Since the time of Buddha, the Ancient Buddhist Chant has been used for therapeutic purposes. In fact, the early Buddhist missionaries sent by the Indian Emperor Asoka the Great to the Greco-Roman world were known as healers. Derived from the teachings of Sakyamuni Buddha, the chant draws from three fundamental discourses, preserved in the ancient Pali language. These include the Discourse on Blessings, the Discourse on Jewels, and the Discourse on Universal Goodwill, which are recited daily by both monks and laypeople for an uplifting experience.

The Discourse on Blessings, found in the Sutta Nipata, contains thirty-six noble and auspicious blessings identified by Buddha himself. When recited with focused attention, these blessings promote inner peace and serene joy. The Discourse on Jewels, also from the Sutta Nipata, provides a remedial technique for contemplation on spiritual riches bestowed by the Holy Triple Gem – Buddha, Dhamma, and Sangha. Legend has it that this discourse saved an ancient city from three menacing epidemics – evil spirits, diseases, and famine.

The Discourse on Universal Goodwill, also chosen from the Sutta Nipata, centres on the theme of universal love and compassion. During Sakyamuni Buddha’s lifetime, this discourse aided a group of monks in continuing to live in their forest habitats unhindered by fear of evil spirits. The primary objective of this popular discourse is to build self-confidence and strength.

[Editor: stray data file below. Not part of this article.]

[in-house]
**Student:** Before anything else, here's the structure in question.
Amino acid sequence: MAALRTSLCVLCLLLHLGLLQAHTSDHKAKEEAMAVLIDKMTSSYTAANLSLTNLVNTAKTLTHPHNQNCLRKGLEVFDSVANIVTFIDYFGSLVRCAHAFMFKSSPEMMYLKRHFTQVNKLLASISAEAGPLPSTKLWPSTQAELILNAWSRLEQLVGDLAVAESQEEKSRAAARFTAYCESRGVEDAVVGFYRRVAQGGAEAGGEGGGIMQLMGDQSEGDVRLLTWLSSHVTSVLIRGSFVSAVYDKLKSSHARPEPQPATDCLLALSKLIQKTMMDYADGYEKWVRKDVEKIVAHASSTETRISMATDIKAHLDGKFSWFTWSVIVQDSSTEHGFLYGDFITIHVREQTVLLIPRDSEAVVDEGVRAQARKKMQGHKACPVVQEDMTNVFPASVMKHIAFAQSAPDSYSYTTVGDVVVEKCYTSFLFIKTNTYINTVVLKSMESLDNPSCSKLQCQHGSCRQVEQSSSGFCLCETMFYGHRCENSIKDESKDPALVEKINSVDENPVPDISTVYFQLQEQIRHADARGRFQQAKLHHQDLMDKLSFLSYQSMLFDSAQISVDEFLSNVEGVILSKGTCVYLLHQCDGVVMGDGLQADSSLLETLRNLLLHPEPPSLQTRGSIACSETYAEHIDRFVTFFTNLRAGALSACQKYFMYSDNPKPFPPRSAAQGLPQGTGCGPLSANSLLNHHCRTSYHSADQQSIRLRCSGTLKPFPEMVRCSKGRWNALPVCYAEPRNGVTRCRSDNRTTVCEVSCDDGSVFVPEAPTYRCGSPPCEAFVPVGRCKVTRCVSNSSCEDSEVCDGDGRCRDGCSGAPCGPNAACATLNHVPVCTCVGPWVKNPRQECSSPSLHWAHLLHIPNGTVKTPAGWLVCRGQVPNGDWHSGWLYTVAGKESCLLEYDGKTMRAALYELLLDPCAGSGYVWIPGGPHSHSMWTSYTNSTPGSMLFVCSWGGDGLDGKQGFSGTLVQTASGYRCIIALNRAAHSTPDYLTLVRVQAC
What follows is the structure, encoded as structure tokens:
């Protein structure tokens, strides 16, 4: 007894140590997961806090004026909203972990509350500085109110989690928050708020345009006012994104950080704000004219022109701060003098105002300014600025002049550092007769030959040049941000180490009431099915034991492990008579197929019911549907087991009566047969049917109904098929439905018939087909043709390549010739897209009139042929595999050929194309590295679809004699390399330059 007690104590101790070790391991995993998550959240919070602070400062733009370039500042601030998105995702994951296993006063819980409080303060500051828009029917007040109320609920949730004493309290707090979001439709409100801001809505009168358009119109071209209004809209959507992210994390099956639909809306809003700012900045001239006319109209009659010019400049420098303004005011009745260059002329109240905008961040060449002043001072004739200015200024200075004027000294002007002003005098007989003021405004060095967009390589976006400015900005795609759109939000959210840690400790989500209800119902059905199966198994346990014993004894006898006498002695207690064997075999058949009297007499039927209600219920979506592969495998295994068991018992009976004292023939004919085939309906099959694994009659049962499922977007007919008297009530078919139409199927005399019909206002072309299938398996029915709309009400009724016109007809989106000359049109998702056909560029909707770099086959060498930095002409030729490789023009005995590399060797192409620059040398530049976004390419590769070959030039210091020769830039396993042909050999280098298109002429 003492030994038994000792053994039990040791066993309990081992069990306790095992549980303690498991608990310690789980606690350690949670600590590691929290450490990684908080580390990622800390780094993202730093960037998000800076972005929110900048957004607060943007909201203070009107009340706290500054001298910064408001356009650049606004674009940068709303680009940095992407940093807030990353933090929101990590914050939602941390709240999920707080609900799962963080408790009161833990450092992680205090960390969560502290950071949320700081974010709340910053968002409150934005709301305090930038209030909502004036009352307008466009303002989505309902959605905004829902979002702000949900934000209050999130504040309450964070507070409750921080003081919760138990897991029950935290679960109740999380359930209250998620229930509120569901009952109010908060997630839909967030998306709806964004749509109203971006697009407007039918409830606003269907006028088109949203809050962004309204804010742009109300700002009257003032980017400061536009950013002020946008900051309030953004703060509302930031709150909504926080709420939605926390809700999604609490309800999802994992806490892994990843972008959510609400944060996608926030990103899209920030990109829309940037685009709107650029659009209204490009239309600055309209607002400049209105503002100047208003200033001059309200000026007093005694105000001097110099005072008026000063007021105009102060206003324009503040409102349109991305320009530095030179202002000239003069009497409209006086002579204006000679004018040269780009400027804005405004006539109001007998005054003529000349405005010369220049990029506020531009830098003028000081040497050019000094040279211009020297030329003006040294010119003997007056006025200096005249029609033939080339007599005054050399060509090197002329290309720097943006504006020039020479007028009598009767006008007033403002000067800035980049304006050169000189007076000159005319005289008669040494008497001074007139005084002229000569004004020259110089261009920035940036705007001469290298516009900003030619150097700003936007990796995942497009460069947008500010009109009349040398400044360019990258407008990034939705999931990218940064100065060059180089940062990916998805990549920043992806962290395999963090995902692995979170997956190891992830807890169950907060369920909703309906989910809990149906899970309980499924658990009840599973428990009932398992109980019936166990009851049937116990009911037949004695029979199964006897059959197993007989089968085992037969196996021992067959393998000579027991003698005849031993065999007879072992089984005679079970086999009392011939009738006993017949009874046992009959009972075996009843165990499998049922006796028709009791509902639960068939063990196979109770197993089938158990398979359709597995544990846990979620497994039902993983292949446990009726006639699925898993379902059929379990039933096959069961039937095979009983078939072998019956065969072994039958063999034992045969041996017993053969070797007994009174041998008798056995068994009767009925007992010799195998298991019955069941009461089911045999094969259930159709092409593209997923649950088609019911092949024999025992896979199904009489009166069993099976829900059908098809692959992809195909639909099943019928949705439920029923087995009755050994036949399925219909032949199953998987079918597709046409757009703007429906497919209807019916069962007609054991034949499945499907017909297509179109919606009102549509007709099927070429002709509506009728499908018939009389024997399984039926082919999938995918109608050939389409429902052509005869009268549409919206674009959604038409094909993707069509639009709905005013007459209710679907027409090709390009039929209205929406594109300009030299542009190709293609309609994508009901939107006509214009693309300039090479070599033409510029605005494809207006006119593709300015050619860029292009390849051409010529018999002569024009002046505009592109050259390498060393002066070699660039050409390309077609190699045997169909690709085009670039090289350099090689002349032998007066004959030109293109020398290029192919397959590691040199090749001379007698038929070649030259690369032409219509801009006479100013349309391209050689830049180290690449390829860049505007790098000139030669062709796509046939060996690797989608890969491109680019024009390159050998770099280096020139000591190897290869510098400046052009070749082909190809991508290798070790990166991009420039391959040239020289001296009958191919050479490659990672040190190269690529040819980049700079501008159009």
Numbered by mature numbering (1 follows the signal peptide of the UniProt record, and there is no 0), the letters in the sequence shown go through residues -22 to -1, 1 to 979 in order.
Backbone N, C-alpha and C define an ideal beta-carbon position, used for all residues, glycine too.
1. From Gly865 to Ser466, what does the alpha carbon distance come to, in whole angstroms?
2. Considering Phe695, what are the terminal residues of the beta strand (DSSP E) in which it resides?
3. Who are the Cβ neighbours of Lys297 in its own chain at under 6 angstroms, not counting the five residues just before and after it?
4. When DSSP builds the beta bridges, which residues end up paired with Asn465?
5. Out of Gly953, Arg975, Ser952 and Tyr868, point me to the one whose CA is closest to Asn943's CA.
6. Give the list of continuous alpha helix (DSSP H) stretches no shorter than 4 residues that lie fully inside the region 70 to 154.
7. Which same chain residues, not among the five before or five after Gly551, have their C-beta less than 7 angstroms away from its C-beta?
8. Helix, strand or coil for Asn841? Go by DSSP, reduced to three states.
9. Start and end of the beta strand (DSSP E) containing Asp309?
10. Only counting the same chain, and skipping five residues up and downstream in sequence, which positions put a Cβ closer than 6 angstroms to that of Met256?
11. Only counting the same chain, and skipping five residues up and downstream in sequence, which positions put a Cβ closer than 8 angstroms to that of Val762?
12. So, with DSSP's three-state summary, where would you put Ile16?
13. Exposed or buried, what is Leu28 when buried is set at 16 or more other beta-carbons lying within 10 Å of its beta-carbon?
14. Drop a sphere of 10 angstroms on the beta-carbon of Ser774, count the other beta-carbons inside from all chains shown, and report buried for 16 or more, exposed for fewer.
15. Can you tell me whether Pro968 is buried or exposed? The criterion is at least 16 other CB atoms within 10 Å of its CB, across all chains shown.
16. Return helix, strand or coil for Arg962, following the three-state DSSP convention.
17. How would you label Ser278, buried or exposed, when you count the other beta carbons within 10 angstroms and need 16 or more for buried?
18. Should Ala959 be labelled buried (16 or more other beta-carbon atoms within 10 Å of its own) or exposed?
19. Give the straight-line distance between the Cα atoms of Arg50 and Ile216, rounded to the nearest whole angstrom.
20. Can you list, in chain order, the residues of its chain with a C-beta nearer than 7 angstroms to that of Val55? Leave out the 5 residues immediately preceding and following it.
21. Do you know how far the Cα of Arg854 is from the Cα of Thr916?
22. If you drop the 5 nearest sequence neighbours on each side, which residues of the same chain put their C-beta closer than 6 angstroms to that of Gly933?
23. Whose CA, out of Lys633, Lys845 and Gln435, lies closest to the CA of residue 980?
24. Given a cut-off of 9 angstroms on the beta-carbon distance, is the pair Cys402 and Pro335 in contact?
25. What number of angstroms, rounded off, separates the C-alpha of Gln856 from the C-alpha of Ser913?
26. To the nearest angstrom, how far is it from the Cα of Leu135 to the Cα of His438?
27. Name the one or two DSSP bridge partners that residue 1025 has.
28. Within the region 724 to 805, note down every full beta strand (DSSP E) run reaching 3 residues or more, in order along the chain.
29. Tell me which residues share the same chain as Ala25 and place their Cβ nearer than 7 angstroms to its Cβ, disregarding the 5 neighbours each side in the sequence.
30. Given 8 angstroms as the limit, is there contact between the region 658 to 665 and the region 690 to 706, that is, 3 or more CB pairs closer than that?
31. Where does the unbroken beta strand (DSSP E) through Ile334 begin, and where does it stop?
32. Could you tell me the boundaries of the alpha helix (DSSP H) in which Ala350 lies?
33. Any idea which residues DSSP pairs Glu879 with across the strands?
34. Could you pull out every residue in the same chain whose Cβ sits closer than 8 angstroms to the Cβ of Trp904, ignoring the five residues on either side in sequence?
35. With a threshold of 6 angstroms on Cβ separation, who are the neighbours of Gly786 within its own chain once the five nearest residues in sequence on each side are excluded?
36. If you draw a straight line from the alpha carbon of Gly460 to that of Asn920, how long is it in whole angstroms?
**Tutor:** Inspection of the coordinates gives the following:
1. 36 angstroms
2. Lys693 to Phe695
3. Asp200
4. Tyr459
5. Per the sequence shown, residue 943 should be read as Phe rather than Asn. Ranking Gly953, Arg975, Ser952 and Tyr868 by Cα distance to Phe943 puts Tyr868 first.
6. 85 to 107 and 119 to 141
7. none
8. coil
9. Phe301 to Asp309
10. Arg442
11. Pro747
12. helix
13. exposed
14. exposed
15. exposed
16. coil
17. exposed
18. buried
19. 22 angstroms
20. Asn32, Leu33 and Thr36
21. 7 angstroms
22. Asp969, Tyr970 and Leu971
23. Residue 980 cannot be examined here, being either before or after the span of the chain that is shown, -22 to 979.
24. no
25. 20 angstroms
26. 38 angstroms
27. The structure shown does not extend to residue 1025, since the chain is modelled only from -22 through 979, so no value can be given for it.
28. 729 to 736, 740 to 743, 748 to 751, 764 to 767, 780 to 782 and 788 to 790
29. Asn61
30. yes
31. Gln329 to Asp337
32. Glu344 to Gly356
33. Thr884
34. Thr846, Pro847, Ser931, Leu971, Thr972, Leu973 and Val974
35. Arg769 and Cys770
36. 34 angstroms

After chanting each discourse, the main monk chanters perform a truthfulness act. They use their spiritual power to invoke blessings by saying, “by the power of the Holy Triple Gem, may all blessings always be upon you (the audience), may you enjoy good health, and may you live long.” Modern psychologists have confirmed that human language and mind can either bring evil or blessings to another person. If language is used wrongly, it can hurt listeners, but if it is compassionately and correctly used, it can bring blessings and healing.

Sakyamuni Buddha knew the power of wholesome language and instructed the monks to chant with a compassionate mind and pure awareness. Even today, Buddhist monks perform chanting with great love, compassion, and undivided attention. Sakyamuni Buddha taught that a human mind filled with love, compassion, altruistic joy, and equilibrium (four divine virtues of Buddhist doctrine) can bring healing to others. Conversely, a mind filled with greed, anger, hatred, jealousy, pride, and self-centeredness will bring misery to oneself and others. This teaching is still followed by Buddhist monks today.